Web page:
So, the main talk today that I wanted to give is really about the latest Doctors’ and Dentist’ Review Body. Their report, some 220+ pages, which I can tell you I’ve read. I’m particularly interested in the Doctors’ and Dentists’ Body. I held a senior position that I’m not allowed to tell you about, but it was in connection with the Doctors’ and Dentists’ Review Body and I know something about how it works… or currently doesn’t work. So, having read the report, I’ve actually highlighted some particular paragraphs that I think are of particular interest. But the Doctors’ and Dentists’ Review Body is an independent body and it takes evidence from the BMA, it takes evidence from the Department of Health, and it then comes up with its own independent conclusions. So what does it have to say?
Well, it’s worth reading these particular paragraphs. So, in terms of affordability, the Department of Health and Social Care, the DHSC, said to the Review Body that the Government had assumed a headline pay award of 2 per cent for NHS staff. Take into account the multi-year deals already in place. So GPS are currently part of this multi-year deal that was set up, I think, back in 2019.
Whether that was such a good idea or not is open to question. Now, what it says here, the Government has said that higher pay rises than what was affordable would lead to a reduced ability to expand clinical capacity and tackle the elective care backlog. It talks about the Scottish Institute and the Scottish Government and the Welsh Government. We will go on to say: “trends in workforce behaviour, including an increase in flexible and less than full-time working, affects workforce capacity across our remit group, even in the absence of increases in the number leaving the NHS. Across the remit group, interest in senior leadership or senior leadership and contractor roles, including leadership positions in hospital and partner GMP status, seems to be waning, alongside a more general shift to less than full time working.”
Now, on a personal point, if you have a health secretary who’s telling you that the partnership model is in terminal decline. I have to say that’s not the view of the current health secretary, from what I understand. But if you have a health secretary who is talking about the end of general practise and GP surgery is being bought up by the state and essentially a salary service, how can you imagine that there will be long term leadership, or interest in long term leadership in general practise? It’s just silly.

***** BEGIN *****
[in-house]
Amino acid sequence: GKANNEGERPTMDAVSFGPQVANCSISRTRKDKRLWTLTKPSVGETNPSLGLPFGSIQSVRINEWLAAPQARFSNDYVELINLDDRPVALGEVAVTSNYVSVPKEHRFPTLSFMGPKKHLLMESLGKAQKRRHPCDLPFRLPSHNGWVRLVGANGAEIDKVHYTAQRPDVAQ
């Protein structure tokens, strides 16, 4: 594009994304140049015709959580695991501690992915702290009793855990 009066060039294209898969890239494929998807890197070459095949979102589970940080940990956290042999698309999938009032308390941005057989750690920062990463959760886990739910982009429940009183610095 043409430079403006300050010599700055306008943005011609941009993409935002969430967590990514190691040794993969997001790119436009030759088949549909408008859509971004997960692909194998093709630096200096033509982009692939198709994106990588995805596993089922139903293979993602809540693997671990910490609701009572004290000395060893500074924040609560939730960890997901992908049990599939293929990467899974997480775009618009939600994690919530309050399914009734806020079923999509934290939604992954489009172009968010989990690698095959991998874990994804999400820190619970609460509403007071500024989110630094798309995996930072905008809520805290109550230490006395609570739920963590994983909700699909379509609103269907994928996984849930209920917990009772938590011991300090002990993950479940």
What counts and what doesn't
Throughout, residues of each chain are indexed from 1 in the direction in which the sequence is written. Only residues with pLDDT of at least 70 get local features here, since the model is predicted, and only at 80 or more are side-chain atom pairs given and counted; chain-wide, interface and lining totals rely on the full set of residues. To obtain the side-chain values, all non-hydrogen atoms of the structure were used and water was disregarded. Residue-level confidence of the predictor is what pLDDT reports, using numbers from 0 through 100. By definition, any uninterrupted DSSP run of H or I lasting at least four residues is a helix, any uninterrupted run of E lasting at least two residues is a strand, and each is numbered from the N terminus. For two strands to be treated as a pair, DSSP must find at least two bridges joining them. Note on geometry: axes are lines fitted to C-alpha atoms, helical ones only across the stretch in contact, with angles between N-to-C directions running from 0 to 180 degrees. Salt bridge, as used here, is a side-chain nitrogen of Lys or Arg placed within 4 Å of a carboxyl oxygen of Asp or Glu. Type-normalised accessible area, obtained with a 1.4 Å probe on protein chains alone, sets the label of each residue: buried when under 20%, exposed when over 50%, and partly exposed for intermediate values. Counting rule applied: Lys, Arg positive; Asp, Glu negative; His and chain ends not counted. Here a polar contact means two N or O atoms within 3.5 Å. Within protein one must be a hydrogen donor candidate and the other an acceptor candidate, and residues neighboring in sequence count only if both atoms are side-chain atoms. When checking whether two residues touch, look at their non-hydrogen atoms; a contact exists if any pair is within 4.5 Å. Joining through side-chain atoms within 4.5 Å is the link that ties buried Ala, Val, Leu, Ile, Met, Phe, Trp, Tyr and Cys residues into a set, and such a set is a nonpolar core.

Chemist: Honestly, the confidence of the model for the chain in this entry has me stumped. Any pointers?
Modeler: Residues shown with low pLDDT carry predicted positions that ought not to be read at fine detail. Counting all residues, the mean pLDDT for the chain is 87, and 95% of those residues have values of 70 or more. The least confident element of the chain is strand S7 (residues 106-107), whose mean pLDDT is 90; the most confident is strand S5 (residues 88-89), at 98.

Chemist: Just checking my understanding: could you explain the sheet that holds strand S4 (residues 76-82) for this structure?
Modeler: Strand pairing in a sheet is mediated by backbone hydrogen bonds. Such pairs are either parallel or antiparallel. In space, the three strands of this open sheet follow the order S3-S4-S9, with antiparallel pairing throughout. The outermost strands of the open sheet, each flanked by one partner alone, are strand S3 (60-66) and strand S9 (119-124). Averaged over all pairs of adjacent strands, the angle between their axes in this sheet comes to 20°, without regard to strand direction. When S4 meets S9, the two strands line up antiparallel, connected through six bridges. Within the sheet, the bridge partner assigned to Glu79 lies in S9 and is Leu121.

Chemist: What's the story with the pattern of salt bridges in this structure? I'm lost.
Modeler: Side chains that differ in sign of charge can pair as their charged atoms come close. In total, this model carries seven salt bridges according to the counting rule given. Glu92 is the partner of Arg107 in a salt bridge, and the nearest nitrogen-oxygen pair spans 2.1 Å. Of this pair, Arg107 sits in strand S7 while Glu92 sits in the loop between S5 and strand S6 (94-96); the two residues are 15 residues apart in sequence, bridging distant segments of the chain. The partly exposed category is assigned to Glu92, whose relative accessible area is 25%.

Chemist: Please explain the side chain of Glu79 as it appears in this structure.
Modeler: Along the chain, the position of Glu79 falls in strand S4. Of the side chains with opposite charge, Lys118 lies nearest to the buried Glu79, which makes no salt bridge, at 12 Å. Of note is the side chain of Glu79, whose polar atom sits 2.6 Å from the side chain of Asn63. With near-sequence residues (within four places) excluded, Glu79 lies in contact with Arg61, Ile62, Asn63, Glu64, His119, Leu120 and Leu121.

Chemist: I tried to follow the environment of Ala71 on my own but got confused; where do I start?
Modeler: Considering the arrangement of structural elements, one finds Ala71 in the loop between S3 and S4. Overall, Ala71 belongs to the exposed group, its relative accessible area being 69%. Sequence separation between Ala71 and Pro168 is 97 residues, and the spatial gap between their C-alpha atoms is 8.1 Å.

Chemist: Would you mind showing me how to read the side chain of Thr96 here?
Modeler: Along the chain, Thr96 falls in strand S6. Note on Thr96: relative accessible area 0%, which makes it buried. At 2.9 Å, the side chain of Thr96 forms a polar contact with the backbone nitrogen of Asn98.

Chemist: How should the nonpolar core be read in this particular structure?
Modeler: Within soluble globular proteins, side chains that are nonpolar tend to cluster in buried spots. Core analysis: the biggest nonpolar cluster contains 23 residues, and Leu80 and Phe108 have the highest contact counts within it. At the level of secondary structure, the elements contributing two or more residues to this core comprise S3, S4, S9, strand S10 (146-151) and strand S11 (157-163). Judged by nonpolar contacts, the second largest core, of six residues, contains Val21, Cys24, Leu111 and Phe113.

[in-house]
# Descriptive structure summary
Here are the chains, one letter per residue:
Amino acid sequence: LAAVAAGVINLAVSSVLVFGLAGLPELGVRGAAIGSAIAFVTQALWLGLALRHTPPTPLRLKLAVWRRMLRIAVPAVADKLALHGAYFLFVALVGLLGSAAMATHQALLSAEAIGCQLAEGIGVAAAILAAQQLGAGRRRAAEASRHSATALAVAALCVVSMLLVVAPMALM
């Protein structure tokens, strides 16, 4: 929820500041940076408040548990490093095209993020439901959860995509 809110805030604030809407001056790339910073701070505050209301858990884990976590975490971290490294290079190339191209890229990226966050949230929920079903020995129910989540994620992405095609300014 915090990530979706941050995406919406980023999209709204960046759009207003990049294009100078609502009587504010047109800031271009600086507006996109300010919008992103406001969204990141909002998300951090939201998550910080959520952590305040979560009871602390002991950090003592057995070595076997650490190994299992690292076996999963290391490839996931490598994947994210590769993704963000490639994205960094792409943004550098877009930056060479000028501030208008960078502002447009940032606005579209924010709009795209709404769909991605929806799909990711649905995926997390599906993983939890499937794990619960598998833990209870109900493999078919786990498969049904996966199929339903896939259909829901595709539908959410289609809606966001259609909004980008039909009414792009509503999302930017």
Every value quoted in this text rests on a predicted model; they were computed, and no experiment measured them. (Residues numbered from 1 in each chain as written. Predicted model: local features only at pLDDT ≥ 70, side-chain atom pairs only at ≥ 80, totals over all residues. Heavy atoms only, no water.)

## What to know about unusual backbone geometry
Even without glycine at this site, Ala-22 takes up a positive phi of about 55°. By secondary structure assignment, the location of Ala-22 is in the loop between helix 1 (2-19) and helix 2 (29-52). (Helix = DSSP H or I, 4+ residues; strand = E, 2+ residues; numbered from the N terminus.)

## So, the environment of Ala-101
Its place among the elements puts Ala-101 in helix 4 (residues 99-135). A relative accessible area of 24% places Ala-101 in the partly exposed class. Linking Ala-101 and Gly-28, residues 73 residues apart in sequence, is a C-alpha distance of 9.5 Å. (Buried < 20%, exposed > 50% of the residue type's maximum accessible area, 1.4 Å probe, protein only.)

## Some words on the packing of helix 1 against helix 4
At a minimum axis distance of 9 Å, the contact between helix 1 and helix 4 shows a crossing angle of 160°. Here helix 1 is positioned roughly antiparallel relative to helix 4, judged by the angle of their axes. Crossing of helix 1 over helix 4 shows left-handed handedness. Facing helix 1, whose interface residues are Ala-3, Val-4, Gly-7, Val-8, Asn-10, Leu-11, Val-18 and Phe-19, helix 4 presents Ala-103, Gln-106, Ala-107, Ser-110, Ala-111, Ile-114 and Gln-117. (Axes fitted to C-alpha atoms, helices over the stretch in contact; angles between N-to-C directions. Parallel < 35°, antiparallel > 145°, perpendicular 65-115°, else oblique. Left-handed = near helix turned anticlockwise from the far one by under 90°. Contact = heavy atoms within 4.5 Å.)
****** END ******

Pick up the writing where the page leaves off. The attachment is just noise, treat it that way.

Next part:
So I think this is a real problem. It’s a problem we see on the vocational training courses that we attend. There seems to be a lack of enthusiasm in terms of leadership going forward. Being partners probably needs to change and come from the top.
It says here that many of the issues that I just referred to are not directly sold with higher pay awards. Ever pay does serve as an important signifier of value. Perhaps more importantly, if it is sensed to be deficient, can exacerbate a feeling amongst the medical and dental workforce. They are neglected and undervalued. And it goes on to say in order to address this, the pay award is required that is significantly in excess – 2 per cent proposed by the Department of Health and Social Care.
These recommendations from the Review Body “are made considering the evidence we receive, reflecting the need to recruit, retain and motivate staff, while also considering affordability…” Now, the MYD is the “multi-year deals” that were done. So what they’re saying here is that we note that all three of the multi-year deals were agreed before the scales of increases to inflation became apparent. Therefore it cannot be said that these multi-year deals address those increases to inflation. Our wide recommendations this year do not seek to match inflation, but they have been informed by it to some extent and also by the increases in pay settlements to the wider economy the inflation increases have precipitated. If action is not taken for those under multi-year deals, which is all GPS pretty much, then the relative pay positions of different groups, the overmit will diverge significantly.